September 20, 1996 in Sports

No Matter Who’s Counting, This Looks Like Belle’s Year

Terry Pluto Akron Beacon Journa
 

He might hit 50 homers.

He should drive in 150 runs.

He probably will bat .300.

Sounds like Albert Belle, and sounds like an MVP season.

That’s right, Belle is the Most Valuable Player in the American League - now more than ever. Just ask Chicago’s Frank Thomas. He says so, even though he doesn’t have a vote. The dreaded sportswriters do.

The White Sox superstar says Belle is a hitting machine. Every year, he hits home runs. Every year, he drives in runs. That’s an incredible amount of homers and runs batted in.

This year, he could be a 50-150 man, which is more impressive than his 50 homers and 50 doubles last year.

Heading into Wednesday night’s game in Chicago, Belle had 141 RBIs. That means he is producing runs, which is the definition of the cleanup hitter’s job. He comes to bat with men on base, and he sends them home.

No one has done that better than Belle in 1996.

Belle is hitting .306 with 46 home runs. Those sound like numbers you only expect to find next to a name such as Lou Gehrig, numbers from a time when baseball was always played in the afternoon and never on TV.

But that is Belle this year.

Day after day, year after year, the man hits.

But at age 30, Albert JoJuan Belle is hitting better than he ever has.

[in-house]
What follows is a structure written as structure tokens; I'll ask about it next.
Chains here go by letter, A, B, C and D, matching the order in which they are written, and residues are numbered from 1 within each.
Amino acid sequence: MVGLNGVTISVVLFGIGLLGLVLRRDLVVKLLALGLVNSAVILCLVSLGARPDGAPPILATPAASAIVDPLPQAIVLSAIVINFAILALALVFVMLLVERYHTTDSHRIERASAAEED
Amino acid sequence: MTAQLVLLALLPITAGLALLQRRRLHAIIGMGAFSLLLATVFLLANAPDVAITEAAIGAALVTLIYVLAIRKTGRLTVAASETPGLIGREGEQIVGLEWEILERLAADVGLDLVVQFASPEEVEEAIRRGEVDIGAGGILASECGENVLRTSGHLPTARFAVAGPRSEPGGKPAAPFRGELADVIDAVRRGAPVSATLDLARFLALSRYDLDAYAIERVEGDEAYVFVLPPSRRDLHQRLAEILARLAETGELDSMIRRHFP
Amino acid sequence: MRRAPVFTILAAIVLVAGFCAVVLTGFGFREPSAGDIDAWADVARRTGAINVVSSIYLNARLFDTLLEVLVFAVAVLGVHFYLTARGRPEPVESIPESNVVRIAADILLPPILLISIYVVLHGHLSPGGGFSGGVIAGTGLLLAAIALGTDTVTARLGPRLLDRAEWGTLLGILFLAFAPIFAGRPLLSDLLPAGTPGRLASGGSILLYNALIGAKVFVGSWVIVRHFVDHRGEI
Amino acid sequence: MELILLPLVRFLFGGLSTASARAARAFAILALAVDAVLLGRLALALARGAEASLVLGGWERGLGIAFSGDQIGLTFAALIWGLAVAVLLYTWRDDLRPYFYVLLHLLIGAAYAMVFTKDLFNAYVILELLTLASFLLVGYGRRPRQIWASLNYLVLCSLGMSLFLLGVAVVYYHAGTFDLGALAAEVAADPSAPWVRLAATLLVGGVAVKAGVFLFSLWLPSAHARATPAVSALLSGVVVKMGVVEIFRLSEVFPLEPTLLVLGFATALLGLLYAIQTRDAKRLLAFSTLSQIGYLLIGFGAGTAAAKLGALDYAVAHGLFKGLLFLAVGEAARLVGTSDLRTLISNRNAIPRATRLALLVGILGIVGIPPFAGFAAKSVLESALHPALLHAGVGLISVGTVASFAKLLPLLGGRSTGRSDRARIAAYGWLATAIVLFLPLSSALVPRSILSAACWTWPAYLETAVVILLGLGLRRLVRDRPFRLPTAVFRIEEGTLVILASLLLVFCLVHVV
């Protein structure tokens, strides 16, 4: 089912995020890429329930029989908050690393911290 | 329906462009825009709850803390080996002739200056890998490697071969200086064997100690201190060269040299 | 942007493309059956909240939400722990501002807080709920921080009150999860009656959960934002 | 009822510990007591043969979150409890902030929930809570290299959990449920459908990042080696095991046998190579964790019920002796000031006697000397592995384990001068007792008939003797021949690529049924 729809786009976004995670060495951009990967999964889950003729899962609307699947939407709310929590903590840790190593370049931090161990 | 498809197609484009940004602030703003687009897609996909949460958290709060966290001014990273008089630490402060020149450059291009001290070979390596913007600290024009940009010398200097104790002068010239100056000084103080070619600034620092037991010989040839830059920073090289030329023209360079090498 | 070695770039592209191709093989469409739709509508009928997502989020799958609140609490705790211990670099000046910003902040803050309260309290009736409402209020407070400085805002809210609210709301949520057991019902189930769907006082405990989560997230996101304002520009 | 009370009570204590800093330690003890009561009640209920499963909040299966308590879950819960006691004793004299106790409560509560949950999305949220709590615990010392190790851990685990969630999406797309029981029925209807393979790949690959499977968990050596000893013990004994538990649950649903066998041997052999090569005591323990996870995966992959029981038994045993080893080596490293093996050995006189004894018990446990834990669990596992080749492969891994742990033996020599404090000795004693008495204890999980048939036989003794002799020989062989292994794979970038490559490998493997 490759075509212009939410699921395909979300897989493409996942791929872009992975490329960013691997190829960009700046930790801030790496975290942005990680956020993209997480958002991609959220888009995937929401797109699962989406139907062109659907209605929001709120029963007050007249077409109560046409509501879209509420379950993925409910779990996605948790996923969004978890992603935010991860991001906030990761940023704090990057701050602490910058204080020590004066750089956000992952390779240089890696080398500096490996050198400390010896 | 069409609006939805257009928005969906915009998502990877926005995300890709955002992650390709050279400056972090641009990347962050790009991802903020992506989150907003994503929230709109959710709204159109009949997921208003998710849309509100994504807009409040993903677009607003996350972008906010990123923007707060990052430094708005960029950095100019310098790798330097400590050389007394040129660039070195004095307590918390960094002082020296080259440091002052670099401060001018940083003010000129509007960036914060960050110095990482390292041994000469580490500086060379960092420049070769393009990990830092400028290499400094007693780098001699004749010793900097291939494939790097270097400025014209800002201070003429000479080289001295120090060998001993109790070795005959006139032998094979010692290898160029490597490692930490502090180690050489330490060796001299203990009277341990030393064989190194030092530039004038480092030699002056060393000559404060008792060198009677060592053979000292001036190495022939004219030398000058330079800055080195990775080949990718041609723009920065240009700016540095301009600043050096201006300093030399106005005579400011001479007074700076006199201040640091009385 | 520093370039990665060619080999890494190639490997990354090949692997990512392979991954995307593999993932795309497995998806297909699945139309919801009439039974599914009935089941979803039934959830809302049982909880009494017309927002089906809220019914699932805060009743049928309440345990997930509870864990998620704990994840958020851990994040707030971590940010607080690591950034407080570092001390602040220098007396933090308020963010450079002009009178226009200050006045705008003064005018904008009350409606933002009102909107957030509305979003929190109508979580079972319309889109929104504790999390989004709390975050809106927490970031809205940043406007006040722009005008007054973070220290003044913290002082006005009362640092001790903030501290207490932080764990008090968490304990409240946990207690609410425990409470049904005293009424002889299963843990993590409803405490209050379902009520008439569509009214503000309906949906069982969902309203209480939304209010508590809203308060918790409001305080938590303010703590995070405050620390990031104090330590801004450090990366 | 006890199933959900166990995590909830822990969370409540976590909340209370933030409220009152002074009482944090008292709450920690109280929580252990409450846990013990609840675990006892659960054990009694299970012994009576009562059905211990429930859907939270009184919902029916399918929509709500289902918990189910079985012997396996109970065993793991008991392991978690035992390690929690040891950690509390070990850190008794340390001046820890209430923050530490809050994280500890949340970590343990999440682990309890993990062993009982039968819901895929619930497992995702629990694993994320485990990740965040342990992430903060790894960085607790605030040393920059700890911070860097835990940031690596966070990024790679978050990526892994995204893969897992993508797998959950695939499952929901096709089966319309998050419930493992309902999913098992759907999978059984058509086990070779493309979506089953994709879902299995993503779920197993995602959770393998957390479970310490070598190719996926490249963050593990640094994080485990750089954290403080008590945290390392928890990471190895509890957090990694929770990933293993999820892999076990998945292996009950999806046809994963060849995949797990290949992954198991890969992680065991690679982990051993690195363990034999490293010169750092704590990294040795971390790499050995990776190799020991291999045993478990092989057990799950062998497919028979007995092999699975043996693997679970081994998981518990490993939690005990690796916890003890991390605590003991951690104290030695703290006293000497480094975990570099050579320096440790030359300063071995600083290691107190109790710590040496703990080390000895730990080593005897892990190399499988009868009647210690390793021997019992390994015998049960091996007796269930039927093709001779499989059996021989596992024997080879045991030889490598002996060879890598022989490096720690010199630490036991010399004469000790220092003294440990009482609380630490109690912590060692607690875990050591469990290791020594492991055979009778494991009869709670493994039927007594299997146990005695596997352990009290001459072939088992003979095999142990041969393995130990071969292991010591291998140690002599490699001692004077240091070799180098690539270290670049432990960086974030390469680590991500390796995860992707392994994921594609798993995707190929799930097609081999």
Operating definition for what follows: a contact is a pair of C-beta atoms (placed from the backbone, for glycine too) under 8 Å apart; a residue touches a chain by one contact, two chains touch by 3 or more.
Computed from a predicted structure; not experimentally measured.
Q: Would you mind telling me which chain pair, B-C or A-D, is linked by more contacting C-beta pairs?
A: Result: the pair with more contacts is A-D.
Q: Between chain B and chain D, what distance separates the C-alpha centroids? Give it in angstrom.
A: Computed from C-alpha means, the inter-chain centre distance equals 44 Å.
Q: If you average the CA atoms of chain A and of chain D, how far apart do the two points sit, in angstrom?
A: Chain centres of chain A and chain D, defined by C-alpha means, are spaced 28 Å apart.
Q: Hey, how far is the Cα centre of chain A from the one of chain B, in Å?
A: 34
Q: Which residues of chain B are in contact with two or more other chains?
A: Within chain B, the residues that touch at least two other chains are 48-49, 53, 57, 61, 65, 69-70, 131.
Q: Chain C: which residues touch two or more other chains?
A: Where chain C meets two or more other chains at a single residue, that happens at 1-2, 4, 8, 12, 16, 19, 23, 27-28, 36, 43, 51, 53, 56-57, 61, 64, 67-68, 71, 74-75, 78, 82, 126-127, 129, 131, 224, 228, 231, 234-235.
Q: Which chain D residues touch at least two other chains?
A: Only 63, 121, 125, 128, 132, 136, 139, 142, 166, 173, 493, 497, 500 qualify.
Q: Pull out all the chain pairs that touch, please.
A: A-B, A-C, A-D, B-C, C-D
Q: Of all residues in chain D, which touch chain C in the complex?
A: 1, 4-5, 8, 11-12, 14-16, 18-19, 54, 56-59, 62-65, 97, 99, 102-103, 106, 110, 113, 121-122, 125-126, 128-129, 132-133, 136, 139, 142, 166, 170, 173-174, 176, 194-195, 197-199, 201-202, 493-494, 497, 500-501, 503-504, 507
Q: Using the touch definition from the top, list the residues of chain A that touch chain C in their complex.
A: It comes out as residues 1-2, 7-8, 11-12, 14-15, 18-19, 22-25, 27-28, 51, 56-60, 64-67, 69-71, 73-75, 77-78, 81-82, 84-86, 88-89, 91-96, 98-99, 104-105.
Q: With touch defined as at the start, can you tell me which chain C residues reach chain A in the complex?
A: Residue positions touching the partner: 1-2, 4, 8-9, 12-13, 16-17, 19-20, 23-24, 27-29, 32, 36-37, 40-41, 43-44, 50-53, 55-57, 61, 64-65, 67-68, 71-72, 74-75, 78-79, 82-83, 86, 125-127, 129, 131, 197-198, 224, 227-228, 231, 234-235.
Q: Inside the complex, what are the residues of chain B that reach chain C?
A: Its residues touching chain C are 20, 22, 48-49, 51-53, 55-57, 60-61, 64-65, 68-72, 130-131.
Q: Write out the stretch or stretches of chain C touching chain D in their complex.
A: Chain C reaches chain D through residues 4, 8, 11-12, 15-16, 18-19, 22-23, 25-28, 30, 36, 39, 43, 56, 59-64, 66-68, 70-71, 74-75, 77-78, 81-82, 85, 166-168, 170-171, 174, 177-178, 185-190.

Some of you might disagree. Some will insist that Belle’s banner year was 1995 and will never forgive those of us in the media for not picking Belle as MVP last year.

I didn’t have a vote, but if I did, it would have gone to Jose Mesa. His season (46 saves in 48 tries and a 1.13 ERA) was as statistically spectacular as Belle’s.

What made it more important is that Mesa was the late-inning superman early in the year when the Indians didn’t have a clue who’d save the day.

But this year has been different. This year it was Belle who was hot early, Belle who helped Cleveland to a commanding 33-14 start.

When Belle slumped, was suspended and went on a six-week stretch of one stupid stunt after another, the Indians stumbled.

From May 27 to July 7, Belle batted .215 with seven homers, and the Indians’ record was 19-21.

That was when Belle seemed preoccupied with feeling persecuted by the American League office and the media. He may have been upset when contract negotiations stalled and the Indians didn’t make him the highest-paid player in the game.

And suddenly, it became apparent that he would not break Roger Maris’ record of 61 homers, which he believed was within reach. Then something happened, something that said something good about Belle.

He just cooled it. He stopped thinking about 61 homers. He did little to draw attention to himself except by playing as only he can.

What Belle discovered was that when he cooled it, his bat heated up.

What Belle did in August and September was just drive in runs.

If it took a home run, then he went for the fence. If it meant being patient and whacking a single to right field, he did just that.

As usual, he played every day. He played hurt. He seemed to pay more attention to defense and has made some startling catches in left field.

Some will say that Alex Rodriguez of Seattle is the MVP. Others may support Texas’ Juan Gonzalez or even Thomas. But history and production are on Belle’s side.

For the fifth consecutive season, he has 100 RBIs. He quietly has been in the middle of the Tribe’s late-season drive to the Central Division title.

This season belongs to Belle - and so does the MVP award.

The following fields overflowed: CREDIT = Terry Pluto Akron Beacon Journal

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